Getting green legumes all year round is a bit of a challenge. In spring we plant runner and lima beans. In autumn it is more peas and of course our favas; they will reluctantly grow in summer too but they don’t seem to relish the heat and humidity.
I find it absolutely fascinating that in all five of the Blue Zones of the world, where ten times as many people live to healthy and vigorous old age, completely independently they all grow and consume broad beans.
We enjoy our peas and beans strangely for breakfast in our Eggs Hilton. On a slice of sourdough toast made with 100% flour we find that it stays with us for the whole day; the so-called "subsequent meal effect." One is not constantly famished, reaching for cookies and colas.
We give the dish much of the credit for the fact that in our eighth decade we take no medication whatsoever, and only rarely have to consult our doctor. Now that is indeed an unproven anecdote. Would it not be fascinating to follow 100 people with tremors if they were to start growing and enjoying broad-beans every day?
I am a fan of Prof Tim Noakes and follower of his high fat, low carb diet; but where we part company is when it comes to legumes and 100% whole grains. The Banting people seem to lump them together in the same basket as sugar, white bread and chocolate cake.
They are indeed carbohydrates helping to prevent rather than cause abnormally raised blood glucose; it’s the insoluble fibre and "resistant" starch that make the difference. Nutrition is indeed loaded with controversial and opposing opinions. The broad bean season is just one more.
So there are two types of hunger. The more common one oddly comes from eating refined starches and not enough legumes. The subsequent meal effect that we experience in the broad bean season and baking our own bread from 100pc flour means we very rarely feel peckish during the day.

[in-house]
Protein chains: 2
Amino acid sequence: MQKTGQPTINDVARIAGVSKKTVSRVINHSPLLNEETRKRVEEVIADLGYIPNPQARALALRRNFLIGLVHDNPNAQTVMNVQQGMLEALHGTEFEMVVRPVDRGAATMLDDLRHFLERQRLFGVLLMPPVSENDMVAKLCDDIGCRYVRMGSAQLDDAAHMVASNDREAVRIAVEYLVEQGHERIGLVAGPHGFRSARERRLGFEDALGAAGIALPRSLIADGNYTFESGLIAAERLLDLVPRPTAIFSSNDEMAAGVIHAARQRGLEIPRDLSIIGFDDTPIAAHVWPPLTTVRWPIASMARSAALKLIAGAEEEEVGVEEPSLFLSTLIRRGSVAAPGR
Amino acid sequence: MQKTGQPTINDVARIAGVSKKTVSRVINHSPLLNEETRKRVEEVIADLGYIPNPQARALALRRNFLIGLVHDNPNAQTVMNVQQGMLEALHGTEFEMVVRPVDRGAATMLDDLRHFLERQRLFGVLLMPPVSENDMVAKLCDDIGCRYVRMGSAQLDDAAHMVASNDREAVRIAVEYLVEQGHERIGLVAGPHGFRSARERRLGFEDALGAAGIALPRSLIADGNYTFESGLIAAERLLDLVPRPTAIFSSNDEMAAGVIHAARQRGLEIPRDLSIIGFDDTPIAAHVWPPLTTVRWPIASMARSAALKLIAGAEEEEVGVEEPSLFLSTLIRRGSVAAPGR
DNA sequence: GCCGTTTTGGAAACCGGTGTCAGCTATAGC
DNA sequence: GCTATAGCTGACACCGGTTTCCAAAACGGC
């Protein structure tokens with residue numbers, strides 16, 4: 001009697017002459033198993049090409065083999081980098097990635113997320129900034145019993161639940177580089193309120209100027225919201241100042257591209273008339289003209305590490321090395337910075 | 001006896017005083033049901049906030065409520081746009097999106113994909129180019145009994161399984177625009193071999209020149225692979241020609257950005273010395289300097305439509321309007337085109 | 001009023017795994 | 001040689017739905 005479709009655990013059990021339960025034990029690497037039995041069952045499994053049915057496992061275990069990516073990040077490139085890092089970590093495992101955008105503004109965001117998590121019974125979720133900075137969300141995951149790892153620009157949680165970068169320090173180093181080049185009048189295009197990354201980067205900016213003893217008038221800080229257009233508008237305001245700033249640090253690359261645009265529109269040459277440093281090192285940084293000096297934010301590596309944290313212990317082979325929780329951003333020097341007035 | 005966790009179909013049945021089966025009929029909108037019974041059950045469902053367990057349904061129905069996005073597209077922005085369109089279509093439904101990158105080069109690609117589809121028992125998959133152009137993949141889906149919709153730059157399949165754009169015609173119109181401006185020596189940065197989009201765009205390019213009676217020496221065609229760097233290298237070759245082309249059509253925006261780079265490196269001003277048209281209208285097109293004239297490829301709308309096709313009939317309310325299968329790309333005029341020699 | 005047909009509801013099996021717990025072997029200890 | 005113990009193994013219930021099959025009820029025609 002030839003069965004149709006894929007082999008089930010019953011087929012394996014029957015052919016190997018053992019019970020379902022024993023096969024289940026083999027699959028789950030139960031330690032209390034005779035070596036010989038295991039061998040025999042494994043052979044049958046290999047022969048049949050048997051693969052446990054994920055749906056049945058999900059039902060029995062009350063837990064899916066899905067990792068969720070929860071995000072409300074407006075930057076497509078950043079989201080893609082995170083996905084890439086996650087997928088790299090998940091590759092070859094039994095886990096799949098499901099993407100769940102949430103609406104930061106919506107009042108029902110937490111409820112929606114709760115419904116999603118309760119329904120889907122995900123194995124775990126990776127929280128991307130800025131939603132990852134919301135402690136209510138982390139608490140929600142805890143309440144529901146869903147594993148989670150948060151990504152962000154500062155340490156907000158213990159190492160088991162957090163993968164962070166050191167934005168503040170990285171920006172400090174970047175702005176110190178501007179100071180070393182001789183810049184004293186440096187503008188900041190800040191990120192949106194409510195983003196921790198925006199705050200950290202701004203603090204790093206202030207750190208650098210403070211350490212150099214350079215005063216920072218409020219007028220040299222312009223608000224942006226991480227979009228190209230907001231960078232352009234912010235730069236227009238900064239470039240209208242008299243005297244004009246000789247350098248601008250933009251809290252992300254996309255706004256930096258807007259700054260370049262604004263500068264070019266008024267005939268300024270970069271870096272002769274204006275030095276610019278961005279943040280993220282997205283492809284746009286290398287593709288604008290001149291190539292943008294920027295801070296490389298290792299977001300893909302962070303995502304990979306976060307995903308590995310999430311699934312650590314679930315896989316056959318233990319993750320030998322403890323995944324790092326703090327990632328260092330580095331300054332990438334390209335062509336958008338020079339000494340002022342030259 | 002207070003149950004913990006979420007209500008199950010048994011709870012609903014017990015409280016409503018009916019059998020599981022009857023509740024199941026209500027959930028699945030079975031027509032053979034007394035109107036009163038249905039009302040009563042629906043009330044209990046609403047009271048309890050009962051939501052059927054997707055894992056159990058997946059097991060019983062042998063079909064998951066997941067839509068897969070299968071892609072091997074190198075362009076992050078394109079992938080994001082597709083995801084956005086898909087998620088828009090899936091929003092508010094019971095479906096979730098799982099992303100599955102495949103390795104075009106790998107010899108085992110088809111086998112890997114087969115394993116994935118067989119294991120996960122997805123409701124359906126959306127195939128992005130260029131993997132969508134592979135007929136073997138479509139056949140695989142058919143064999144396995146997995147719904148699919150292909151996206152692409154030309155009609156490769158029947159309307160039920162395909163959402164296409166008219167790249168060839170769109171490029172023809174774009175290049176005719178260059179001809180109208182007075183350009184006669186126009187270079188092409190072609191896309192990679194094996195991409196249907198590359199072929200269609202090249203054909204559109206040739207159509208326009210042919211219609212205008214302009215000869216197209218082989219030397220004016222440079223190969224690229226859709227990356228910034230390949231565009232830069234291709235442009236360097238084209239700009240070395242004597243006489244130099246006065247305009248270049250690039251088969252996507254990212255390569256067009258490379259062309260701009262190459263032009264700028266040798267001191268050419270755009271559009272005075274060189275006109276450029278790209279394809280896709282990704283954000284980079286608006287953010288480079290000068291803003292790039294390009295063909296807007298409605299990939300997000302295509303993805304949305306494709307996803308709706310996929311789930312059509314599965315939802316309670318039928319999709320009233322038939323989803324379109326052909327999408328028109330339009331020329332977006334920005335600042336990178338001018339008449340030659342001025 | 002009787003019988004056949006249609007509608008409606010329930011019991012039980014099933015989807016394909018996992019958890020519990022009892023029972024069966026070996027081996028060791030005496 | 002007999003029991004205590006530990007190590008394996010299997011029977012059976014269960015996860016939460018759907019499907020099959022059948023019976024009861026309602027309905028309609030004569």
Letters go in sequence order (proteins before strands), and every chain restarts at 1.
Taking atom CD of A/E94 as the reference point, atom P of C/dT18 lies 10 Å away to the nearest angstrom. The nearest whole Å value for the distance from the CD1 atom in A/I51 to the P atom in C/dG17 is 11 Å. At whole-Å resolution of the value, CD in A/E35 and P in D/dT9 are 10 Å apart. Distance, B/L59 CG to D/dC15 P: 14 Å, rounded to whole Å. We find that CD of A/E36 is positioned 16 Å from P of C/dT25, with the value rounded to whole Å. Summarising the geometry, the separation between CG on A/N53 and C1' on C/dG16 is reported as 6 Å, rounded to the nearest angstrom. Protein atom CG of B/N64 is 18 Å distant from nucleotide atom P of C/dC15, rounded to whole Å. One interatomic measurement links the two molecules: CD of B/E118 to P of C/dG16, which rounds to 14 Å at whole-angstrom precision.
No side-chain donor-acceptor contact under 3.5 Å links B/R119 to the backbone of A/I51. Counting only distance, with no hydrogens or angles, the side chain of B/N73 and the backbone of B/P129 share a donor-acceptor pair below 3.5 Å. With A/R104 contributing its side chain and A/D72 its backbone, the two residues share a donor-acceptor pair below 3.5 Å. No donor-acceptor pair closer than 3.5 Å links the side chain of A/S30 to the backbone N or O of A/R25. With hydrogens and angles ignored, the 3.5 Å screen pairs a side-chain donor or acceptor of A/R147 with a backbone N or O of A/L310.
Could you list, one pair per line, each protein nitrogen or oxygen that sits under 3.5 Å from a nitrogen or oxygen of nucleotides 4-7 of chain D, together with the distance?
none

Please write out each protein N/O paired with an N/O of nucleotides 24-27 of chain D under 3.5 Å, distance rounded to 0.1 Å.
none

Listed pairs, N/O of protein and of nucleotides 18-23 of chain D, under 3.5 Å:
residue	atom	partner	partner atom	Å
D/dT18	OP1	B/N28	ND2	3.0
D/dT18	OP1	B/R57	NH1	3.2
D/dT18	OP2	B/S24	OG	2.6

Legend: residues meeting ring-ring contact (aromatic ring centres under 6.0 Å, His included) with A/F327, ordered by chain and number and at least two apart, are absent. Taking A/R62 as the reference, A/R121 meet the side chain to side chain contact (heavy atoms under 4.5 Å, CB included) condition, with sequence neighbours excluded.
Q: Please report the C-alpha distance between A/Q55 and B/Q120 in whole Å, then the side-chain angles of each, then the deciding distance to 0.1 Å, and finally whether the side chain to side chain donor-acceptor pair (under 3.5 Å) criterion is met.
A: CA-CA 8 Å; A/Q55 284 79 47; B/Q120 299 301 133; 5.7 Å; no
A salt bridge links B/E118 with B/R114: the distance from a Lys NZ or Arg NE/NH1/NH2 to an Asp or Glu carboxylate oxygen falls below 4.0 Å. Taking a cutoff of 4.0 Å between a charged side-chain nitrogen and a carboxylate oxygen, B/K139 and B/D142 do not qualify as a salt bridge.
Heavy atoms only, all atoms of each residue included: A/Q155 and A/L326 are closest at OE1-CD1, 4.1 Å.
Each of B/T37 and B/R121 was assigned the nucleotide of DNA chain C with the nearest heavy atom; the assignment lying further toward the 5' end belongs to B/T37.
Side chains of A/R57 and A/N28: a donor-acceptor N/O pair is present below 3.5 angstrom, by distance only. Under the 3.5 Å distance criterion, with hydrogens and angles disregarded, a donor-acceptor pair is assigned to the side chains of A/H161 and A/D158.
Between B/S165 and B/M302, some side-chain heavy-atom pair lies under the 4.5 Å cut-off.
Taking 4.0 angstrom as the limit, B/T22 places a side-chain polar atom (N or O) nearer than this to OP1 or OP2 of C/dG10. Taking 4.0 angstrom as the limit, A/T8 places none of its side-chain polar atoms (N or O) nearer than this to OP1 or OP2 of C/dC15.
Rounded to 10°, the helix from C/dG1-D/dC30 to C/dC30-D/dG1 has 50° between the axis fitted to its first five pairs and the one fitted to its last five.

The first type of hunger comes simply from ignorance. We should all know by now that the industrial diet as it is being called leaves us famished by 11 o'clock, and makes us obese.
The second type of hunger however comes from simply not having enough to eat. It is less serious in that starvation kills half as many people in our world as obesity; and since the pandemic that should probably read a third. The virus is targeting type-2 diabetics.
Let's talk about hunger considers how the poor could and should be taught to grow their own whole grains and legumes. It's not rocket-science; or higher mathematics as the saying goes in Holland. Just a little knowledge about how to plant broad beans and corn would solve much of the problem.
The broad bean season could be all year-round but they certainly prefer the cooler months.
Freezing broad beans is a good alternative to make the protein available for the whole year.
This tabbouleh with broad bean dish is simple to make, contains a whole grain and plenty of that L-dopa, as well as lutein for prevention of the primary cause of adult onset blindness; truly a medicine chest.
We are into the winter of content in our village in the Midlands of South Africa; the favas as they are often called are looking magnificent. Add half a glass of milk or an egg and you have all the complete protein you need. There is absolutely no need for anyone with a small garden to go hungry.
Interestingly the longevity diet promotes low protein meals, rich in legumes, except in children and the elderly who should enjoy greater amounts of amino-acids to prevent frailty. Is it time for you to start toying with a broad bean season?